I’m not sure how many of you caught the awkwardness a few weeks ago that was Arcade Fire on SNL. Now let me clarify; I really, really like Arcade Fire. In fact, I think their latest album might be the most lyrically holistic album since Achtung Baby, and a couple of the tracks off of it have even moved me to tears. Which isn’t too big of a deal…I routinely get moved to tears by that gorgeous and familiar snap of the guitar cable into the guitar’s input jack…but still; it’s not every day that an album will do that to you.

But live on SNL? Decent sound, but awkward, awkward, awkward. At least their frontman, Win Butler. (Awesome name, though.) Here’s the video:

And I started to think that having bands on SNL may actually be the one of the closest parallels to a worship band. Besides SNL having atrocious sound and the fact that unfortunately many churches are known for the same, in both situations, the band is asked to play to an audience that at best part is not there just to see them play, and at worst had no idea who they are and has no interest to see them, all in a venue not set up specifically for a concert. In both places, the majority of the folks in the seats are there for some other reason than to hear the music. On SNL, it’s to sit and relax and enjoy watching Scarlett Johansson host and Jay Pharaoh do Denzel Washington impressions. And then Arcade Fire gets up and asks an audience who may or may not have ever heard of them and who may or may not even remotely enjoy their music, to stand up and uninhibitedly engage with them. And in worship, we ask a congregation who may or may not have come just for the message and who may or may not just tolerate the music in order to be able to meet someone afterwards who will hug them or pray for them, to stand up and uninhibitedly engage with the Lord.

And that’s where it can start to feel real lonely, real fast. As evidenced painfully by the above song. Win is trying so hard to be a charismatic frontman, and win people over to the music; but he ends up just looking completely desperate, and I know that feeling well. I don’t usually grab the mic and jump onto the pews at church, but I sometimes will tend to say something awkward or not entirely theologically sound as I start to feel more and more naked as I look at blank stares coming back at me. Or I’ll push too hard trying to overcompensate for their lack of engagement. Or say something to try to force people into it. Which all comes off as desperate. And if there’s one thing that puts people off more than anything else, it’s desperation. It makes them feel awkward, and we hate feeling awkward.

(Can you blame people for wanting to see that over a band? Seriously, if you close your eyes, it’s Denzel Washington.)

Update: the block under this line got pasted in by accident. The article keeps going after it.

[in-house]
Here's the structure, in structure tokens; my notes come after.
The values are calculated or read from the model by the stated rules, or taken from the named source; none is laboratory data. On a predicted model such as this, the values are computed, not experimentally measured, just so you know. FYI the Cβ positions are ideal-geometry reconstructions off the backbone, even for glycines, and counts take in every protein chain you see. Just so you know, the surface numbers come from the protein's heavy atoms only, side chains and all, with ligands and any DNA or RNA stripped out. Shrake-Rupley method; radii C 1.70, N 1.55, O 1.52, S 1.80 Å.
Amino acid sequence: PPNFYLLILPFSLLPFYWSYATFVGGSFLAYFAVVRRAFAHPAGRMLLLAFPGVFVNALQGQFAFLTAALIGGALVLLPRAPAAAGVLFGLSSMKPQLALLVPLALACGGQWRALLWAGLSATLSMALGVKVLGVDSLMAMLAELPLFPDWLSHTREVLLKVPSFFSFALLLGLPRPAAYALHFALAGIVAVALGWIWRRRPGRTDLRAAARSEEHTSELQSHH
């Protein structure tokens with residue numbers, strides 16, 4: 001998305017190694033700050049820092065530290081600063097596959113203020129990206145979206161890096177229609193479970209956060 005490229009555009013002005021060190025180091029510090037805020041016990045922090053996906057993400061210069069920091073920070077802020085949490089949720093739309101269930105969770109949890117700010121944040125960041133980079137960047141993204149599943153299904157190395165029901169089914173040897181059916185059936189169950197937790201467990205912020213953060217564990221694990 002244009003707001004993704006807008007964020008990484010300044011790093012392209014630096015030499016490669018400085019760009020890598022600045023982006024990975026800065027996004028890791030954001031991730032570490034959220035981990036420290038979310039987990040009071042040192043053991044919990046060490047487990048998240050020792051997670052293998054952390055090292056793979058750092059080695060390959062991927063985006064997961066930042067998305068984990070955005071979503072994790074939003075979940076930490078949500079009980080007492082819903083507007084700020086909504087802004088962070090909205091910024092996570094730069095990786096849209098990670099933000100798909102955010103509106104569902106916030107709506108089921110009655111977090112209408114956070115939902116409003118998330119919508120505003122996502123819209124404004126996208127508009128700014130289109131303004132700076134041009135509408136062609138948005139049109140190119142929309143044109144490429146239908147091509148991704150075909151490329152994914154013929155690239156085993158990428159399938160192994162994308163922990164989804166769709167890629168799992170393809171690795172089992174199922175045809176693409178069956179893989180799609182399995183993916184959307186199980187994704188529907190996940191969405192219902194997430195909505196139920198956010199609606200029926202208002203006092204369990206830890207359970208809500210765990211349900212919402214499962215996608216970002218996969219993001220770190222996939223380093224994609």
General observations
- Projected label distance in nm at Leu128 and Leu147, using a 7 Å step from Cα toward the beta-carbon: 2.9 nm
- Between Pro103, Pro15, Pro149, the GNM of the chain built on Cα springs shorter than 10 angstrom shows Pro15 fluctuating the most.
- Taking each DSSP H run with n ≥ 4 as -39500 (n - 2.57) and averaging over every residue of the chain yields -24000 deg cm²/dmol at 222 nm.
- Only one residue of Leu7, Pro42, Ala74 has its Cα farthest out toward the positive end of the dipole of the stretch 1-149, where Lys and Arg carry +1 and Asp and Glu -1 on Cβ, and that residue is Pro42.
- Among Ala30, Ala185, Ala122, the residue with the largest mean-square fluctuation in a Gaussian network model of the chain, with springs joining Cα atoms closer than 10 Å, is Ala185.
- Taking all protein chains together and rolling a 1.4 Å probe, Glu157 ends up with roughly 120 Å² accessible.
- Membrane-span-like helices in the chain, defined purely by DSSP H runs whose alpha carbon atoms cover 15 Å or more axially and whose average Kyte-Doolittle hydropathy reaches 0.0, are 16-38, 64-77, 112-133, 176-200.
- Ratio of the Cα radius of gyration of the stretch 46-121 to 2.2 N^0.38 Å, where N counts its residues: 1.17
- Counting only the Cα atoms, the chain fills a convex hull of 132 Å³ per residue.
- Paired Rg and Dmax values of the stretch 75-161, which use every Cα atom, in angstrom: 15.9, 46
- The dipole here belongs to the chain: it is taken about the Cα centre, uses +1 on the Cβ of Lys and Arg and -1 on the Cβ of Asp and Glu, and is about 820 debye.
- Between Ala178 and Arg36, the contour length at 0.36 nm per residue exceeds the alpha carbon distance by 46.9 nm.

The best part is how we usually try to push past the awkwardness. What do we do? We go buy Hillsong dvd’s and try to copy what they do. Forgetting completely that a worship concert dvd is (sorry) pretty much worthless when it comes to trying to help people in your congregation engage with God through music. Why is seemingly every person dancing and singing and lifting their hands on a Hillsong dvd? Well, one because it’s edited that way. They’re not going to show the guy who spent the whole night messing with his phone so he could get one pic to Twitter. But more importantly, because every person there came specifically to worship, and specifically to worship through music, and specifically to worship through music that Hillsong plays. What’s even more, to get into that concert, each one of those people paid money. So until your congregation pays money to get into church specifically to worship through music and not hear a message or connect relationally with people, and specifically wants to hear your songs, and until the media guy is sending you a private feed onto your lyric monitor on stage that is only showing the people that are really into it…the parallel is not that great between a Hillsong dvd and your worship service.

And then what is even better is when we recognize this, and rather than trying to then figure out what works to help people engage in our current non-concert setting, we instead try to change our current setting to a concert; completely forgetting that there is absolutely nothing wrong with a person who (*gasp*) may actually come to church to serve and set up tables so that people can drink coffee while they talk and learn to love each other, and may not really even care for our style of worship music. I know, it’s almost unthinkable. (Sarcasm, friends.) But it happens. A lot. And then we see people not engaging, and we get desperate. And say something awkward. And speed up a song. And say something harsh about people not raising their hands. And inadvertently completely ruin all chance of anyone connecting with God during the music part of the service.